Then the report specifically suggests that the regulator: ‘should not cover the regulation of Health and Safety nor Environmental matters.’
It also, on several occasions, slips into play the need to delay decommissioning. This move leads to another major contradiction in the argument of the report.
Sir Ian repeats the need for investment to make the maximising of recovery of the remaining North Sea resource achievable.
But then he says: ‘New infrastructure is typically designed only for specific developments and without taking account of wider potential demand. Over the last three years, ten Floating Production Storage and Offloading vessels (FPSOs) have been selected for new fields. These have enabled the development of fields that would otherwise have been uneconomic, but have higher operating costs and poorer field recovery. Greater efforts must be made to use existing infrastructure where available.’
It seems contradictory to plead for investment and then to complain at demonstrable instances by the industry in investing successfully in the ‘development of fields that would otherwise have been uneconomic’ – simply on the grounds that this investment might have been more efficiently managed in a collaborative regime.
This is the sort of first class asset management the public sector needs but which the ‘play the cards close’ private sector oil industry sets at a discount.
Then there is what might well turn out to be a contradiction in terms – the consequences of the funding of the new and substantially well resourced ‘arms length’ facilitating regulator whose establishment Sir Ian recommends.
The industry has presented Sir Ian during his review period with a wish list that reads more like a letter to Santa but which Sir Ian nevertheless puts forward.
Talking of the ‘field allowances’ tax relief the Treasury introduced to incentivise the industry to invest, Sir Ian first reports that, in his review:
- ‘Interviewees warmly welcomed the allowances and believe they will make a significant contribution to maximising economic recovery. A significant number of Interviewees also suggested that Government should consider further extension of field allowances to incentivise EOR [enhanced oil recovery] as the business case emerges. This would promote new technologies, increase recovery and encourage major refurbishments of existing fields, thereby prolonging field life and [our emphasis] postponing decommissioning.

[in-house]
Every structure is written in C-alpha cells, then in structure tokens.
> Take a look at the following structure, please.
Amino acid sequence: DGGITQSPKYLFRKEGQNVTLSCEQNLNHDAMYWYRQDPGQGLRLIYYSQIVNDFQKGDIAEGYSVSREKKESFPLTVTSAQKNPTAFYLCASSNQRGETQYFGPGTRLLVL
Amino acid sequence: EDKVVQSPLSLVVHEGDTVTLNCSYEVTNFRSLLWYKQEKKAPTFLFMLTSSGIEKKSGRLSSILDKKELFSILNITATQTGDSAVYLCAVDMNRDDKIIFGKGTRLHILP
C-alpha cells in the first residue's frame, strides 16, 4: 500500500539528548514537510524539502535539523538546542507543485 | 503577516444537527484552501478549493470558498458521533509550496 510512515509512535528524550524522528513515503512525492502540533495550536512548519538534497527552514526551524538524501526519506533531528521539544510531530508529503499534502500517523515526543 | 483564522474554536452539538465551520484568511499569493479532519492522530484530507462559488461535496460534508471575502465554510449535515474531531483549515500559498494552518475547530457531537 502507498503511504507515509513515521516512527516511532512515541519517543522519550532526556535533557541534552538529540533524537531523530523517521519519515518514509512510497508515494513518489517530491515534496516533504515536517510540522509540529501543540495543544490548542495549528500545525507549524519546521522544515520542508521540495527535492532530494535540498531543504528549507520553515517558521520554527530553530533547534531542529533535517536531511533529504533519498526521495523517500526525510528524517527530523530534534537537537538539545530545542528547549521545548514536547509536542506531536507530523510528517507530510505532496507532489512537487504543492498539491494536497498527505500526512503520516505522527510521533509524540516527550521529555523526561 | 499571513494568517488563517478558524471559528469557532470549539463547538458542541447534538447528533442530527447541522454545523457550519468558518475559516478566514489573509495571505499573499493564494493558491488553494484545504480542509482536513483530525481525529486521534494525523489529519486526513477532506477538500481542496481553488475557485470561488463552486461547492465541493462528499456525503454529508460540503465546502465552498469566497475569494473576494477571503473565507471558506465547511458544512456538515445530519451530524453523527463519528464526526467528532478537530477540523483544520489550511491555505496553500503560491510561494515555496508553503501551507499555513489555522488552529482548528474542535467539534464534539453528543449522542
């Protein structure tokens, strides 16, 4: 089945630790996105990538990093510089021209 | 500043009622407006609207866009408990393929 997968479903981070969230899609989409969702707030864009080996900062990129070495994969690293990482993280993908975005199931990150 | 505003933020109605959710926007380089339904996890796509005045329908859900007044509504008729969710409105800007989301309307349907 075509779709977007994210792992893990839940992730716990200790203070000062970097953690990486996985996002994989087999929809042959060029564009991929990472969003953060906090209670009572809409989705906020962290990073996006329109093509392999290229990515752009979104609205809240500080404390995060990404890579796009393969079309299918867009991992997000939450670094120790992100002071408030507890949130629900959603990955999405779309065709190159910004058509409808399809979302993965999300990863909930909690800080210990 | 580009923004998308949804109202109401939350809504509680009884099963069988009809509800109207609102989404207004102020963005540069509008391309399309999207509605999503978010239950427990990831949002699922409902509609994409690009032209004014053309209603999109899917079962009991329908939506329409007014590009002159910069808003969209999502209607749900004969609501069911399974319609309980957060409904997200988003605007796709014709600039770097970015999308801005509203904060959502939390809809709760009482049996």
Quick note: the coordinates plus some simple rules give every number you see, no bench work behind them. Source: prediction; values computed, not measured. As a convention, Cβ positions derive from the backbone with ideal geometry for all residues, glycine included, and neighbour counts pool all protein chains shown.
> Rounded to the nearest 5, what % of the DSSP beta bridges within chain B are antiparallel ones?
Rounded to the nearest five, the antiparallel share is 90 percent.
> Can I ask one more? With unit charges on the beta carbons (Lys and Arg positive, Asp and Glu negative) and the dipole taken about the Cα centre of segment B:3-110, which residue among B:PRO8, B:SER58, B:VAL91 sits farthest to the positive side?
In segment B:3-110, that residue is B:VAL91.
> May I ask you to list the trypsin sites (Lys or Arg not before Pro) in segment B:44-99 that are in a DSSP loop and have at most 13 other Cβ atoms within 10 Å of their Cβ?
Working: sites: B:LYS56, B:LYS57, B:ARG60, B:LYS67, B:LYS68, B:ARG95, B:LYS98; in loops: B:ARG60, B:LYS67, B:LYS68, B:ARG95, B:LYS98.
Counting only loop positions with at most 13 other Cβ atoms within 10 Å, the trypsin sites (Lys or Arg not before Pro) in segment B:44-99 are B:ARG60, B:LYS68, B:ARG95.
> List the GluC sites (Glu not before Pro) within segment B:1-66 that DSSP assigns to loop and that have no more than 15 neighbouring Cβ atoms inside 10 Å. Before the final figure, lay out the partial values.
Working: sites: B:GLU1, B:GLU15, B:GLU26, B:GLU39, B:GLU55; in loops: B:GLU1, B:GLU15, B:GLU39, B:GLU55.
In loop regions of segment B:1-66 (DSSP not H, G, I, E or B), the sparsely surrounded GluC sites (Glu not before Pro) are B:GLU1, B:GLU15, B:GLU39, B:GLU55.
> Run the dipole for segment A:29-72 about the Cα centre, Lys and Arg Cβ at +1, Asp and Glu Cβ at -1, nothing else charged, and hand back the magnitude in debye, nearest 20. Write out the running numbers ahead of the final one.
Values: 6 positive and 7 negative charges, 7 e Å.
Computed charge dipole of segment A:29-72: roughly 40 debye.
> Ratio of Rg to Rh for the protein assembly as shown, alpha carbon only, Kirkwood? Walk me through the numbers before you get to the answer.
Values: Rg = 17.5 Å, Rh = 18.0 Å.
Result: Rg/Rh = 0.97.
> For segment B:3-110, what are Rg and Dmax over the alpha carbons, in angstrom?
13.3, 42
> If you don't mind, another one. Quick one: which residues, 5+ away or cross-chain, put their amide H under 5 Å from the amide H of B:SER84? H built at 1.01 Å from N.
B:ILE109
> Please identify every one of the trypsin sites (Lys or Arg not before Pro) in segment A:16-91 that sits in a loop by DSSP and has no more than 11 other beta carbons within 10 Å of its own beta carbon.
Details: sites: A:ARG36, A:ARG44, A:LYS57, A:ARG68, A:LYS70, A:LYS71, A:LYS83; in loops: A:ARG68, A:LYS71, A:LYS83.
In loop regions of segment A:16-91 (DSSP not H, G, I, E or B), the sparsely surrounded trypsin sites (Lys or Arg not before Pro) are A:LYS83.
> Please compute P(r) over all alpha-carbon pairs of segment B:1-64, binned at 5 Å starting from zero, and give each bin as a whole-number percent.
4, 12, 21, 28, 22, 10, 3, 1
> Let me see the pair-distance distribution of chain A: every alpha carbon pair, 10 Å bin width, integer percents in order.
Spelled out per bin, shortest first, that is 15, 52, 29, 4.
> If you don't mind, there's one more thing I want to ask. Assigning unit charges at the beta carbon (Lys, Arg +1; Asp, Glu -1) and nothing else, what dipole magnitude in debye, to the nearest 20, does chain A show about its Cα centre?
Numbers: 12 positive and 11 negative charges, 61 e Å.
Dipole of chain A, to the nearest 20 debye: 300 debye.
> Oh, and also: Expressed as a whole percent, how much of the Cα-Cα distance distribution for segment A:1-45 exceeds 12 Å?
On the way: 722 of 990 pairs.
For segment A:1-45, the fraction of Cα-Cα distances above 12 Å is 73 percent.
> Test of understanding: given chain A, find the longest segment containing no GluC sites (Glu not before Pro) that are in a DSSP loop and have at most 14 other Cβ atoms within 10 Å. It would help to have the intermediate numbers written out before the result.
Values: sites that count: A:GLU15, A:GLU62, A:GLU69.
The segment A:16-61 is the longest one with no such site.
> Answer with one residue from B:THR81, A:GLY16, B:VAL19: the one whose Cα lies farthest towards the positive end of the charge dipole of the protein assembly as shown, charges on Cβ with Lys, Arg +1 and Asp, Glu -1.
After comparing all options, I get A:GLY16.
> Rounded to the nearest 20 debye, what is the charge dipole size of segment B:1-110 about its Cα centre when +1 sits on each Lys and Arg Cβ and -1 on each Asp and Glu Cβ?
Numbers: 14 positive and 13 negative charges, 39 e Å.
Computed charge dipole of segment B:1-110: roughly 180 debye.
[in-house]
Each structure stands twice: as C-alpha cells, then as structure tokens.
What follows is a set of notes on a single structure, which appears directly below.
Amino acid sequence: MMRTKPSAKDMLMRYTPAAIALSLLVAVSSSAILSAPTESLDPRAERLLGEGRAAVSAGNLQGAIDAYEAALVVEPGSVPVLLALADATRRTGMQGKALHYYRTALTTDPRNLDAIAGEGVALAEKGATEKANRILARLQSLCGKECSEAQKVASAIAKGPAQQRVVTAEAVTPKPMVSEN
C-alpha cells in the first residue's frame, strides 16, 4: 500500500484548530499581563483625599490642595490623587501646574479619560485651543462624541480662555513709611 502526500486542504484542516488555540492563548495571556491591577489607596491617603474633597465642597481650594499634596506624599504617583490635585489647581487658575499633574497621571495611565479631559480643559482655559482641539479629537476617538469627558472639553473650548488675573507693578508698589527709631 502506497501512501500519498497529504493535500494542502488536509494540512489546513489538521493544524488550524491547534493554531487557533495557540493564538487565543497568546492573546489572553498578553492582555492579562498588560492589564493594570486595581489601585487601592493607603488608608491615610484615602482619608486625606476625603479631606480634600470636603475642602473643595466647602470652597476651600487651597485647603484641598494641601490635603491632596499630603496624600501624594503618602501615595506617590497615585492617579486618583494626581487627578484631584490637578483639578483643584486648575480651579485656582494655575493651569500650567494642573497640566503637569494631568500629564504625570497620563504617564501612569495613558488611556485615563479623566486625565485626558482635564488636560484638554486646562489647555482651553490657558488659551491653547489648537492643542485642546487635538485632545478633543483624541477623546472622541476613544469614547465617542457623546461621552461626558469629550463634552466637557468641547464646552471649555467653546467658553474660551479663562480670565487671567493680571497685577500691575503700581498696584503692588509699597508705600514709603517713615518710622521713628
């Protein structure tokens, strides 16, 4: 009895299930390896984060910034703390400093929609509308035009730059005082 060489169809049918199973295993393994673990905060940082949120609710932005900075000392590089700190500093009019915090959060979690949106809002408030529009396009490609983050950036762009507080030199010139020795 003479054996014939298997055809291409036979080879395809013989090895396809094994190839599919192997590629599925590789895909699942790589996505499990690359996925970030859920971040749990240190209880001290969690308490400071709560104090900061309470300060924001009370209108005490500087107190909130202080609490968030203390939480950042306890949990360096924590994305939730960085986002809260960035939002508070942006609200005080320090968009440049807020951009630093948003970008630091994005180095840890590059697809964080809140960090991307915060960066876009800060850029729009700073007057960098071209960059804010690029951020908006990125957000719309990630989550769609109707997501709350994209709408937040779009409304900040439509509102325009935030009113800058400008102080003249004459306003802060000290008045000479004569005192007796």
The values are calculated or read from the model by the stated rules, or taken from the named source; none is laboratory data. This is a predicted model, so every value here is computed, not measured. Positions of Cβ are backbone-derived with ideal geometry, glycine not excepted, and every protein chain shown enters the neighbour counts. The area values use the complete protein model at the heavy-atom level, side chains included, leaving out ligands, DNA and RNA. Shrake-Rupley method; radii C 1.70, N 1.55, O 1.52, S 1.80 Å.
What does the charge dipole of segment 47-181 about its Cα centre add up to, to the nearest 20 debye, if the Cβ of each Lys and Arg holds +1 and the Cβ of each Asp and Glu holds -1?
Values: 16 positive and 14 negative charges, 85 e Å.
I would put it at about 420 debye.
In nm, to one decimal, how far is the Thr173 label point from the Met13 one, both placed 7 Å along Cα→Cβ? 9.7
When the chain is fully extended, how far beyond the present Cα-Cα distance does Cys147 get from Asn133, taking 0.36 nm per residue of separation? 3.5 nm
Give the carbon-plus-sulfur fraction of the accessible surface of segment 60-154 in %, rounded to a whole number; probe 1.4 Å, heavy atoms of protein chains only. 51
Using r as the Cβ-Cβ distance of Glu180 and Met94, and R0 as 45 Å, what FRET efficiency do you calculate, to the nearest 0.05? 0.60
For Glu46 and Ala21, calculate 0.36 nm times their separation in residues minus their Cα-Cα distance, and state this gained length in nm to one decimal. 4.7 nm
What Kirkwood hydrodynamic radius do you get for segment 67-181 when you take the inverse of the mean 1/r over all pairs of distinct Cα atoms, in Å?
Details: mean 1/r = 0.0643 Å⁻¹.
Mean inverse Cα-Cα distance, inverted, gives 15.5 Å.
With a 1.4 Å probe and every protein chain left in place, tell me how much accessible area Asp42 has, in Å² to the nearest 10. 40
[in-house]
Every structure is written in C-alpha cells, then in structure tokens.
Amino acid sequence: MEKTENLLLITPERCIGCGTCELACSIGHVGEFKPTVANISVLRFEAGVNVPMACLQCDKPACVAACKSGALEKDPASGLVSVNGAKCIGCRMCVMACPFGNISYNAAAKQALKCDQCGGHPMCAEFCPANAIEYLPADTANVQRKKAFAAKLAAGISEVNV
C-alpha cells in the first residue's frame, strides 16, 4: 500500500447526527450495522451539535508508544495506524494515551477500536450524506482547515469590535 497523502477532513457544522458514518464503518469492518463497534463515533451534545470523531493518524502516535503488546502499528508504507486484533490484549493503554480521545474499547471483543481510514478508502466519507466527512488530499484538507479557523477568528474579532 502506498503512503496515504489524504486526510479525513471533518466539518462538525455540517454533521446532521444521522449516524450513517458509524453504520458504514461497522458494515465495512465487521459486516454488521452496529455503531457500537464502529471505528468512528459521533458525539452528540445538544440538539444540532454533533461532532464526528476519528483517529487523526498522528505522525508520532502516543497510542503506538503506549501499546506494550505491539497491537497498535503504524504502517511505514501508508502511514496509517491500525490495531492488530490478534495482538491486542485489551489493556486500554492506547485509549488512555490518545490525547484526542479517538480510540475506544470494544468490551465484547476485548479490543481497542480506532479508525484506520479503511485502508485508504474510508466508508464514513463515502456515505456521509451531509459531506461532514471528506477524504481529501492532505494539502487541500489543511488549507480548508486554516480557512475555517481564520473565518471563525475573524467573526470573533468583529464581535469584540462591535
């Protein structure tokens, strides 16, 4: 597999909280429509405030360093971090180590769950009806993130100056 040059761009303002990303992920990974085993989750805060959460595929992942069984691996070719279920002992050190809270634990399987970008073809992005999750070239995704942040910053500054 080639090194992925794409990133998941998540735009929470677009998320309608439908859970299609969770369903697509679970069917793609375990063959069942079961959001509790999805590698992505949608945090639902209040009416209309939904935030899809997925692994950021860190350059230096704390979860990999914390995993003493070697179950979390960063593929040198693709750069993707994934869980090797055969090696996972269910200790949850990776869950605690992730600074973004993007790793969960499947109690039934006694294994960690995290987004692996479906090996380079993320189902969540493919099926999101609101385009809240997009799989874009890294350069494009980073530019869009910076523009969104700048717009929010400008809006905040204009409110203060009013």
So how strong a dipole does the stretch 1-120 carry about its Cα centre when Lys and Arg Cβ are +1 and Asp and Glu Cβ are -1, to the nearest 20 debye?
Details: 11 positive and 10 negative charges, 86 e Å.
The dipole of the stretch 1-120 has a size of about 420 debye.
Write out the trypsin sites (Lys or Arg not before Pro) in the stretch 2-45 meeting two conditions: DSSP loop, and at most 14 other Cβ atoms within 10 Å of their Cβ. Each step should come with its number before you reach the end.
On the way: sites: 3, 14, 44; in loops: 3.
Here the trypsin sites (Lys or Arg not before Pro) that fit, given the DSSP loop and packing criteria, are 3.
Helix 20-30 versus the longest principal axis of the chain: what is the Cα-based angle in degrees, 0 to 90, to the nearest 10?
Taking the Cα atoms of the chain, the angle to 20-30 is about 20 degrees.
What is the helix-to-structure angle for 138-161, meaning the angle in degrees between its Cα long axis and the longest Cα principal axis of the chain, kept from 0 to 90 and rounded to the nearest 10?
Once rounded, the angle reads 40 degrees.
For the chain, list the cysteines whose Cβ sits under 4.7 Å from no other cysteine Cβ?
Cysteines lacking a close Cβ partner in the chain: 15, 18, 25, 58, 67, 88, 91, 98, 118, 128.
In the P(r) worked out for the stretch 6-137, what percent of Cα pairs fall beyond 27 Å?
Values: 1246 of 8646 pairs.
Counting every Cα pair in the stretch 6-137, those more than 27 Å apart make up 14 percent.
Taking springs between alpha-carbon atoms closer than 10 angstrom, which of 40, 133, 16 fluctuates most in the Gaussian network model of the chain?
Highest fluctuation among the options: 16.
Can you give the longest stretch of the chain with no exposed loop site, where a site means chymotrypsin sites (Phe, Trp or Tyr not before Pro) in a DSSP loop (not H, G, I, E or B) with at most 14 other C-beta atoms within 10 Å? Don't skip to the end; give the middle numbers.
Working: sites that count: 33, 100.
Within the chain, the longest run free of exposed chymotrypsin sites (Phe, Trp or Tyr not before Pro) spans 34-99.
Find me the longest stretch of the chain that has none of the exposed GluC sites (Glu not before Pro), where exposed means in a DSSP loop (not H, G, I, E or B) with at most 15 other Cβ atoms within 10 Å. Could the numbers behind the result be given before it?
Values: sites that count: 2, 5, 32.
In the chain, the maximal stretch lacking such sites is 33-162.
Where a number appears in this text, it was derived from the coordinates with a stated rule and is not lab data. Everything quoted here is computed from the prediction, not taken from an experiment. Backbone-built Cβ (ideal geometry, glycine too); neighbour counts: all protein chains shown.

- ‘Interviewees also suggested looking at end-of-life fiscal plans to encourage business models which retain essential infrastructure, and combine late-life operations and decommissioning.
- ‘Interviewees expressed the view that bespoke allowances should be at a minimum within a simpler and stable fiscal regime within each area/play of the UKCS. This would enable better industry planning and significantly reduce the present level of work on bespoke applications.
- ‘The Review found strong views on the need to stimulate exploration, particularly in less prospective areas.
- ‘Interviewees suggested the need to incentivise seismic and exploration wells for operators who currently lack production and also for less prospective areas. The rate of Exploration drilling has halved over the last ten years and the UKCS must see a significant step up in exploration over the next 5-10 years to achieve MER UK [maximising economic recovery].’
Assume a situation where the sort of facilitating regulator Sir Ian recommends was established and was delivering the sort of subsidies and tax reliefs proposed in this fairly unbuttoned wish list above.
If such a regulator were funded by the industry in the model put forwards in the report, the regulator might well be at arms length from the government – but would it be at arms length from the industry?
At heart, what the Wood report is recommending is less a regulator than an advocate – and one better than the best lobbyist with the highest level of access. This ‘advocate /lobbyist’ would actually be empowered to take independent decisions on a spectrum of helpful matters.
A hilarious footnote which looks like a deliberate attempt to wind up the environment lobby is the report’s recommendation that: ‘Industry should look for areas to work in collaboration with offshore renewables where mutually beneficial cost savings can be found: for example, the potential for offshore wind farms to provide power to oil and gas platforms.’
The conjunction of offshore wind farms with the carbon emissions from the oil and gas platforms is quite wonderfully provocative.
The Wood report may prove an irrelevance – but it does provide a few grins.
The photograph above – of ageing platforms in the Brent Field – is by Arne List and is reproduced here under the GNU Free Documentation licence.